Cruz churned out some well-received conservative boilerplate about limited government and the nation's history, and let loose some soaring oratory.
"America is more than a land mass between two oceans," he said. "America is an idea, a simple yet powerful idea: freedom matters."
Cruz listed a number of examples of admirable "fights for freedom," citing the Emancipation Proclamation, the Civil Rights Act, and the struggle to eliminate Jim Crow laws.
He praised Sgt. Michael Smith, one of the Dallas police officers murdered July 7 during a Black Lives Matter demonstration by a Black Power militant in the deadliest attack on U.S. law enforcement since Sept. 11, 2001.
"Sgt. Michael Smith stood up to protect our freedom. So do our soldiers, sailors, airmen, and Marines fighting radical Islamic terrorism."
But then Cruz took a wrong turn, seemingly putting a dead would-be cop-killer on the same moral plane as Abraham Lincoln and Michael Smith.
Cruz cravenly praised the family of dead thug Alton Sterling, the career criminal killed recently by Baton Rouge police as he resisted arrest and reached for a cop's gun.
After lauding the Marines fighting Islamofascism, he said, "So did the family of Alton Sterling, who bravely called to end the violence."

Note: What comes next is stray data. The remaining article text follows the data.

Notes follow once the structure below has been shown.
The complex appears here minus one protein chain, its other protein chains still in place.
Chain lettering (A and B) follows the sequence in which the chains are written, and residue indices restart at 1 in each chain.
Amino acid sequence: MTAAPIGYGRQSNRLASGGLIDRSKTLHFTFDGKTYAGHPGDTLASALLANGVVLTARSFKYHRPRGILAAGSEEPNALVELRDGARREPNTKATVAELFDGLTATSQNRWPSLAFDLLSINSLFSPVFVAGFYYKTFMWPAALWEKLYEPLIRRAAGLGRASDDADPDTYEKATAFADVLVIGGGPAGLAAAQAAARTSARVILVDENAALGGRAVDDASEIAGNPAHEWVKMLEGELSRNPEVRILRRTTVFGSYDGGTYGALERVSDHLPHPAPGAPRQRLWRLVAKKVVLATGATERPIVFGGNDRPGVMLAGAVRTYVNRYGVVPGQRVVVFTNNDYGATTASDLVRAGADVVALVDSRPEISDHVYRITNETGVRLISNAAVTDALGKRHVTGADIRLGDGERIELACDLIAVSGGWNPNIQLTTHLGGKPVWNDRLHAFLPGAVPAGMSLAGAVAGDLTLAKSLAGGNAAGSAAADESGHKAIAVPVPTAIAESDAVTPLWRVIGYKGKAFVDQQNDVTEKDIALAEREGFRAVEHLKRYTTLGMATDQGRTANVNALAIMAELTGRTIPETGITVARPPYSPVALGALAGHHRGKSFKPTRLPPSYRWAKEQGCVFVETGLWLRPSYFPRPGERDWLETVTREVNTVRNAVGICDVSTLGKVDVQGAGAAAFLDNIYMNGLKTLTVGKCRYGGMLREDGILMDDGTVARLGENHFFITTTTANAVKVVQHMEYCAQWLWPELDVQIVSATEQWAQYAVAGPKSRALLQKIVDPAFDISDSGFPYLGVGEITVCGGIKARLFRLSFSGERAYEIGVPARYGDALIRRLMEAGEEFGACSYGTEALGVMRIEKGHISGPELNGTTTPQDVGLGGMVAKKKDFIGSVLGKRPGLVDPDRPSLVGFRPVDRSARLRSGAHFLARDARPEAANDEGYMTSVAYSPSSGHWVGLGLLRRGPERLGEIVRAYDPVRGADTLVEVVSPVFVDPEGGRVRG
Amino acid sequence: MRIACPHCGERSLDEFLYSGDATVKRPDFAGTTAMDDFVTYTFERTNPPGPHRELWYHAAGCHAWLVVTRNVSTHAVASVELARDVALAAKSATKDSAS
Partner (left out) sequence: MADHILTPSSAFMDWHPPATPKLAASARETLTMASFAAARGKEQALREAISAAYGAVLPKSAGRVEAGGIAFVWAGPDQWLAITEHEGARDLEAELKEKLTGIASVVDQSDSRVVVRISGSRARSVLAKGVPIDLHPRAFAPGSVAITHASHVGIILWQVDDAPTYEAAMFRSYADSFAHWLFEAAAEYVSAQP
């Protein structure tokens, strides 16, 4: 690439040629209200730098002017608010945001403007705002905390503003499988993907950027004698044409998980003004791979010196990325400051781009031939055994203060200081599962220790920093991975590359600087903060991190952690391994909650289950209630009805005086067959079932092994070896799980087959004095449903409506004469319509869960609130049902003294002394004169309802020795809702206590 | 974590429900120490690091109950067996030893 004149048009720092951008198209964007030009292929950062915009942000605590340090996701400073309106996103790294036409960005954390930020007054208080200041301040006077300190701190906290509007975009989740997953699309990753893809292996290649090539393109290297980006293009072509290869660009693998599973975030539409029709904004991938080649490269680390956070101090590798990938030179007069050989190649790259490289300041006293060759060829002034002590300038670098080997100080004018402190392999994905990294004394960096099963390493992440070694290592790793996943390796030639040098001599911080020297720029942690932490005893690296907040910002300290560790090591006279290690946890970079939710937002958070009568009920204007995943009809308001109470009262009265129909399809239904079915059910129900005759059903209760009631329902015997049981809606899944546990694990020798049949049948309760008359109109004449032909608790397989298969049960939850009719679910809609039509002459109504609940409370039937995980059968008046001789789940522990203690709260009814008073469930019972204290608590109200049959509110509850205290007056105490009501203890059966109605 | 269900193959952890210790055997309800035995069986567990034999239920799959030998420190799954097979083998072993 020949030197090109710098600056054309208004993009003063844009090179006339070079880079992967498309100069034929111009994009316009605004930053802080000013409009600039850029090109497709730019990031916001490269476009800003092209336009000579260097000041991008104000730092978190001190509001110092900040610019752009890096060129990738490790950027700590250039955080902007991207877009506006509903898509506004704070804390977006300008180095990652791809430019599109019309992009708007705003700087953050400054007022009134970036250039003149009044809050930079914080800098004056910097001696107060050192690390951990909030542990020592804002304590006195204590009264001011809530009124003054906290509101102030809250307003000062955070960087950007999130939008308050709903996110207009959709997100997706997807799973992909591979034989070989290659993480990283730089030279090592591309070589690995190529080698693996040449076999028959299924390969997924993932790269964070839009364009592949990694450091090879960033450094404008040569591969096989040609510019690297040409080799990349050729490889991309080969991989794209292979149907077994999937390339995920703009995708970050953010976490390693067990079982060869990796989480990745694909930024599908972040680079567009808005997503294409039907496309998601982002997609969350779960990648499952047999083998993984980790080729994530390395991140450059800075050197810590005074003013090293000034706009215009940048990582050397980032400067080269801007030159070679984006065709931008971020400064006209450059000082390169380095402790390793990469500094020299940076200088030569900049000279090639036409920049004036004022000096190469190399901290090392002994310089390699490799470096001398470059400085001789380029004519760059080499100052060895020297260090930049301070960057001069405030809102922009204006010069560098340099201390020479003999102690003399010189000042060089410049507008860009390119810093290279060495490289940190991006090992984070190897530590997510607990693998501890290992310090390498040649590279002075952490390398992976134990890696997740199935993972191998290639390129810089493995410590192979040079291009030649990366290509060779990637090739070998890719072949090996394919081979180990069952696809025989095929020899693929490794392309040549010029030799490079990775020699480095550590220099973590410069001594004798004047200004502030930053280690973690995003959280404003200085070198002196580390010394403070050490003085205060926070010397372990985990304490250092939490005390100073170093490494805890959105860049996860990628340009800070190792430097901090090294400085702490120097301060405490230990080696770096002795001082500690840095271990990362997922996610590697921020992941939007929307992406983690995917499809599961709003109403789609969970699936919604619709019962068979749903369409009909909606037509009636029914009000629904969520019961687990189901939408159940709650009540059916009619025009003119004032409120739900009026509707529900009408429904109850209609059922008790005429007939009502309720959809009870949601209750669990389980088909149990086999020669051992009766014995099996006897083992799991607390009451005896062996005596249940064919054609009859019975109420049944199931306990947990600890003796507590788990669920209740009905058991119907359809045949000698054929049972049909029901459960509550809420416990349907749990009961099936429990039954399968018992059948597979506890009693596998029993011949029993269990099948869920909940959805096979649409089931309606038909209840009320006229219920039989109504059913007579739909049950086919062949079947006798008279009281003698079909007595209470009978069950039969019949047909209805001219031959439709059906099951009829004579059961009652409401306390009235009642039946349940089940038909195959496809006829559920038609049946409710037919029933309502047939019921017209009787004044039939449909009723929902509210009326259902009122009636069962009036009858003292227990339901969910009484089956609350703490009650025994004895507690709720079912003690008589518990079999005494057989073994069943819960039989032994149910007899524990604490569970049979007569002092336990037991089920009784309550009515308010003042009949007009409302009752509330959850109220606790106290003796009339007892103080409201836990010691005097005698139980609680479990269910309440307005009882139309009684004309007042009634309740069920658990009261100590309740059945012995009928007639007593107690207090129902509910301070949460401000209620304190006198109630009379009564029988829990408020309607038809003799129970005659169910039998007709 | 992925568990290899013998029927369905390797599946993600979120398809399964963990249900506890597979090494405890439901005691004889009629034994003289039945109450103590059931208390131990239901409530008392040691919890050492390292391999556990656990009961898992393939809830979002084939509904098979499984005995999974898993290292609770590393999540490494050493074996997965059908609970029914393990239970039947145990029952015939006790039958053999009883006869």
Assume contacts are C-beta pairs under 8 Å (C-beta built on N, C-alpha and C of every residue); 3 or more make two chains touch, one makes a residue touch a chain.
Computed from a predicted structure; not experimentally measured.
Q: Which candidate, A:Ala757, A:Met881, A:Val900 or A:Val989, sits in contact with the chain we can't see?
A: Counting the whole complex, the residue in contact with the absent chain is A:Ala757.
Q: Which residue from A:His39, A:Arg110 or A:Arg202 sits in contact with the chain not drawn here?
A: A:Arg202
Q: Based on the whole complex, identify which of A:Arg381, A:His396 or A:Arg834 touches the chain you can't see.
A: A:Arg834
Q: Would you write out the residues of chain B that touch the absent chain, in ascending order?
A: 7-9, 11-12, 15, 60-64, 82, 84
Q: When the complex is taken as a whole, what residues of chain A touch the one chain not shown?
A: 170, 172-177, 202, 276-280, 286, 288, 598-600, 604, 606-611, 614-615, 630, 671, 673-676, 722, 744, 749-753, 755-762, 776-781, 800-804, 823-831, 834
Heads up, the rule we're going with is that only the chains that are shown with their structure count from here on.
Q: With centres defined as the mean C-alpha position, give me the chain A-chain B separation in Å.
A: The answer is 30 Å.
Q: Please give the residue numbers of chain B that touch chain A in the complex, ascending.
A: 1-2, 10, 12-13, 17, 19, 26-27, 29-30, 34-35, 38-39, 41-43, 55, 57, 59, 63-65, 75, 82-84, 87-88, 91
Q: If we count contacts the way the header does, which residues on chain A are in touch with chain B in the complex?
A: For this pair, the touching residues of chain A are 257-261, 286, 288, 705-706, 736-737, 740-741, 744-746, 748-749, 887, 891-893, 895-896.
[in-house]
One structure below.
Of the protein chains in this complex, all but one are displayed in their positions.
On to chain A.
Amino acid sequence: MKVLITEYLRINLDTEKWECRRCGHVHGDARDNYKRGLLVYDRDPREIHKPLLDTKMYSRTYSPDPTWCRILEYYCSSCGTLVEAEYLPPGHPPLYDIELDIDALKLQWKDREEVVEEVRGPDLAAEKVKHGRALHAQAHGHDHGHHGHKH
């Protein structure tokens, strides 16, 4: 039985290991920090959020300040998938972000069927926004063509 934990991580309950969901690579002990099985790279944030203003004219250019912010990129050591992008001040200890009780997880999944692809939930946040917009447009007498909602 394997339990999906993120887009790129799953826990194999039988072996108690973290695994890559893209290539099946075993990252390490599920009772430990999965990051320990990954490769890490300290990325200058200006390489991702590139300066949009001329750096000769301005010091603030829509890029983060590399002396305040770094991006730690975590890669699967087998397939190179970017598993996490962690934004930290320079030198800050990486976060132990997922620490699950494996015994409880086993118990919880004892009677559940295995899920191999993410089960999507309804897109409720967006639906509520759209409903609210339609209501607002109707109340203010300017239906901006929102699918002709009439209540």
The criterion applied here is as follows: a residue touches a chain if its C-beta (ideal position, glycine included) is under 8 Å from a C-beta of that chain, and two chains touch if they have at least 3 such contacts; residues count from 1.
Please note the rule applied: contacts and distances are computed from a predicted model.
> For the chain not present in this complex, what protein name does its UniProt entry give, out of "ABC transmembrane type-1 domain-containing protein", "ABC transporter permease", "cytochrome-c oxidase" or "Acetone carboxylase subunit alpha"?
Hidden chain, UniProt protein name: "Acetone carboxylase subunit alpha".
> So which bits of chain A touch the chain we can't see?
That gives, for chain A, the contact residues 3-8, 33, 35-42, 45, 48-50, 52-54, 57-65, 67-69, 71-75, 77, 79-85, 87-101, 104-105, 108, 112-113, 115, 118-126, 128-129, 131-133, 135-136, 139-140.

Bearing in mind that Cruz is no dummy -- he is an accomplished speaker and debater --let us unpackage that brief but meaningful sentence.
Cruz said that the surviving family of Sterling, a registered sex offender, should be hailed for calling to end the violence. But Sterling was the one dishing out the violence. The police were only doing their jobs when they tried to arrest him. He was a criminal who committed violent acts. He refused a lawful order to submit, fought with cops, and tried to harm them.
The appalling implication by Cruz is that Sterling's family is somehow engaged in a "fight for freedom," which is an utterly nonsensical claim to make. Is the family fighting against evil police and systemic racism as Black Lives Matter would have us believe?
Sterling's family, while not responsible for his actions, deserves neither praise nor condemnation in a speech at the Republican National Convention. Sterling should not have been mentioned at all except perhaps to be vilified as an enemy of law and order.